While the trade war between China and the U.S. continues to garner headlines, there’s another U.S. export that’s grounded to a halt this year – recyclable waste.
As part of its “National Sword” policy announced last year, China drastically limited what type of foreign recycled waste it would accept.
While some local U.S. waste management services have blamed China for the change, others said it’s forced America to come to grips with its own problem.
CGTN’s Mark Niu reports.
In California’s Monterey County, workers at the material recoveries facility are busier than ever. Director of Operations Tim Brownell said in recent years 30 percent of all waste paper and 60 percent of all plastics recovered in the United States were shipped to China. But he said China’s new policies only allow for accepting cardboard, newspaper, and number one and two plastics – but only if they don’t contain more than ½ of a percent of contamination.
“The problem has also been mixed up with some of the rhetoric and trade war issues. So in the month of May, China actually stopped, put an embargo and stopped accepting for 30 days any recyclable material at all from the United States,” said Tim Brownell, Dir. of Operations for the Materials Recovery Facility at Monterey Regional Waste. “We have not resumed shipping anything to them.”
You might think Brownell would have harsh words for China.He doesn’t.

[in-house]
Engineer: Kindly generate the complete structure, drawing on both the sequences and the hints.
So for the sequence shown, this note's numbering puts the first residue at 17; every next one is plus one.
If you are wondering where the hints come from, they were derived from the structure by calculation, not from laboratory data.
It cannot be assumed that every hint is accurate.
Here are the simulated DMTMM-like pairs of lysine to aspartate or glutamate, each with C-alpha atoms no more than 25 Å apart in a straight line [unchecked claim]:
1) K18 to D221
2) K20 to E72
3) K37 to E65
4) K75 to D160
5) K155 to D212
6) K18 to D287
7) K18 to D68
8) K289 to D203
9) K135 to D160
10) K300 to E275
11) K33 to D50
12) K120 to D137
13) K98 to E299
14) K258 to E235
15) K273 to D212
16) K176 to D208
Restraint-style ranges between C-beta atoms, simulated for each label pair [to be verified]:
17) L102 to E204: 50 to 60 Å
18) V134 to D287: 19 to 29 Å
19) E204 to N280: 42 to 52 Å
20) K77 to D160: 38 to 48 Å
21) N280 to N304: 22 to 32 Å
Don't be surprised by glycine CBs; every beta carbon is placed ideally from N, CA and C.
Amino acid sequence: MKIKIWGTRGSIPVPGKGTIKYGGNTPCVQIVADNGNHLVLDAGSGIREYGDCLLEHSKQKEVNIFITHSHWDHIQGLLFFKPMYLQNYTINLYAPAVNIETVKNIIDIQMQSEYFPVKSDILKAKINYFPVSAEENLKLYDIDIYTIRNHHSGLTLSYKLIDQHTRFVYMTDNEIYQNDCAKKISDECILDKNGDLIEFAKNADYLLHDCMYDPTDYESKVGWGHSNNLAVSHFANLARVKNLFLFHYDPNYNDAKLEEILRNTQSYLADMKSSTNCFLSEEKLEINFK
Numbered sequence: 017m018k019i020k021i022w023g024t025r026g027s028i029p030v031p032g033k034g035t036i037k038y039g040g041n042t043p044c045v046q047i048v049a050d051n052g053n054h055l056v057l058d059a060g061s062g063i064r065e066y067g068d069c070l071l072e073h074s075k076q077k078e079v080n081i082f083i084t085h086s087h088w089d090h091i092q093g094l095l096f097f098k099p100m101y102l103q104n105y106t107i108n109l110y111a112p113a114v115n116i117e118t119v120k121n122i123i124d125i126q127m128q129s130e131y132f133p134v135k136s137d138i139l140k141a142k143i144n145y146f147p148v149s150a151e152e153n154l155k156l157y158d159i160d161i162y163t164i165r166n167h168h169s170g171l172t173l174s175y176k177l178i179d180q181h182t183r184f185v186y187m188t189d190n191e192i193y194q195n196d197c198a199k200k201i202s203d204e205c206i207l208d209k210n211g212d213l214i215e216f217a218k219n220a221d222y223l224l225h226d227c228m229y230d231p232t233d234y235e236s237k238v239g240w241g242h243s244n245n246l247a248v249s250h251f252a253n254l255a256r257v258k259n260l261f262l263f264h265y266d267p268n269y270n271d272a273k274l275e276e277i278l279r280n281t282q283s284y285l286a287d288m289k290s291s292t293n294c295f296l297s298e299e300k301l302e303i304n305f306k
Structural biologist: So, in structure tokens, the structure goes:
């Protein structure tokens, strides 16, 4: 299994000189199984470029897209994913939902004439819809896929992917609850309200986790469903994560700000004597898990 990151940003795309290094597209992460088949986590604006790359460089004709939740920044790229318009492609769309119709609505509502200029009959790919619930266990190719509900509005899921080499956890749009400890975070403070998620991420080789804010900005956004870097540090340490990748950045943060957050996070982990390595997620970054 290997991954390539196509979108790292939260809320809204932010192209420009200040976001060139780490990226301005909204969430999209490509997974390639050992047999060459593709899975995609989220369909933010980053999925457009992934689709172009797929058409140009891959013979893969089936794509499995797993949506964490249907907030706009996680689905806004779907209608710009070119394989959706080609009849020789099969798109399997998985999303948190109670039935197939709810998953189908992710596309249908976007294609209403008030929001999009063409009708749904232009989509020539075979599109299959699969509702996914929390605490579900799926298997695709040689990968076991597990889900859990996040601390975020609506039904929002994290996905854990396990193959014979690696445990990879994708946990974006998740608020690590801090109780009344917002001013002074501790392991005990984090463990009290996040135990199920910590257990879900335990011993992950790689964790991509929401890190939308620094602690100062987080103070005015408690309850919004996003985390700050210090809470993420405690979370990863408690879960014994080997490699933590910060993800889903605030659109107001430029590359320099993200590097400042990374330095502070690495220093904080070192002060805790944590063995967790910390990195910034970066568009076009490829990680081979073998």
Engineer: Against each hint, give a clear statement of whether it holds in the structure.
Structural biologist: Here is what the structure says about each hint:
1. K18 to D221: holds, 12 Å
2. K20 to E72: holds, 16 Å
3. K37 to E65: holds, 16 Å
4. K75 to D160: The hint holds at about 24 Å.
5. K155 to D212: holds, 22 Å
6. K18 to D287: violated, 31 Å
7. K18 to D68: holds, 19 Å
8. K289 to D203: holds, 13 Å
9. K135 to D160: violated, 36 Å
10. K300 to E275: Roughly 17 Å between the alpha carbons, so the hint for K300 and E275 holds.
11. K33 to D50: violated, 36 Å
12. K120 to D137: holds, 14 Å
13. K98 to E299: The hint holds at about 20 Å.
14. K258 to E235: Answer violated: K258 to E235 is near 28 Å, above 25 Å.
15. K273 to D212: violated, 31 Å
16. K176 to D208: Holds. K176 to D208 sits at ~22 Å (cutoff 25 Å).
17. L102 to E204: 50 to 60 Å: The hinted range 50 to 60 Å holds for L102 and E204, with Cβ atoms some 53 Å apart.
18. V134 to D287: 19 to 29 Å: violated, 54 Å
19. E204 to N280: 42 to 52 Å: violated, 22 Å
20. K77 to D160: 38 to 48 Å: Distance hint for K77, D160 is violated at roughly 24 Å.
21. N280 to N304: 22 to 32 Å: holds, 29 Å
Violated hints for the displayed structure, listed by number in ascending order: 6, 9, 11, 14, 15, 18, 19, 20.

“We were just trying to move volume through the system and not creating the best product to make new materials from,” said Brownell. “And China was suffering the consequences, up to 30% of what was being shipped to them was not recyclable.”
But it’s a difficult transition for the U.S. to deal with massive amounts of waste, such as plastic film that can jam machines here. And there’s currently no market for it in the U.S. At the facility, we saw lots of plastic film wrapping that came from one of America’s largest bagged salad producers, Taylor Farms.
“It’s critical to our business right now, because the plastics we use right now let oxygen come into that bag at a controlled rate to keep that lettuce breathing and respiring,” said Bruce Taylor, Founder & CEO of Taylor Farms. “We’re looking at plastics that are biodegradable or that have maybe a one year life and then they just kind of dissolve. That’s another area of innovation and opportunity that is tremendous.”
“People in the industry knew that we were reliant on the health of Chinese markets,” said Bruce Olszewski, the Director of the Center for Development of Recycling at San Jose State University. “Yet despite having all that time — more like 30 years we’ve had time to develop markets here in the U.S.– there was no action.”
San Jose State University lecturer Bruce Olszewski said it’s up to government to help develop new markets and for industry to respond.
“The solution is to make industry responsible for the materials that they create,” said Olszewski. “So if industry can work to close open loops, they will create more jobs, they will reduce pollutants.”
Despite the pressure the U.S. waste disposal system is under, Olszewski said there’s no better opportunity for innovators to help design new tech and new market conditions for the benefit of future generations.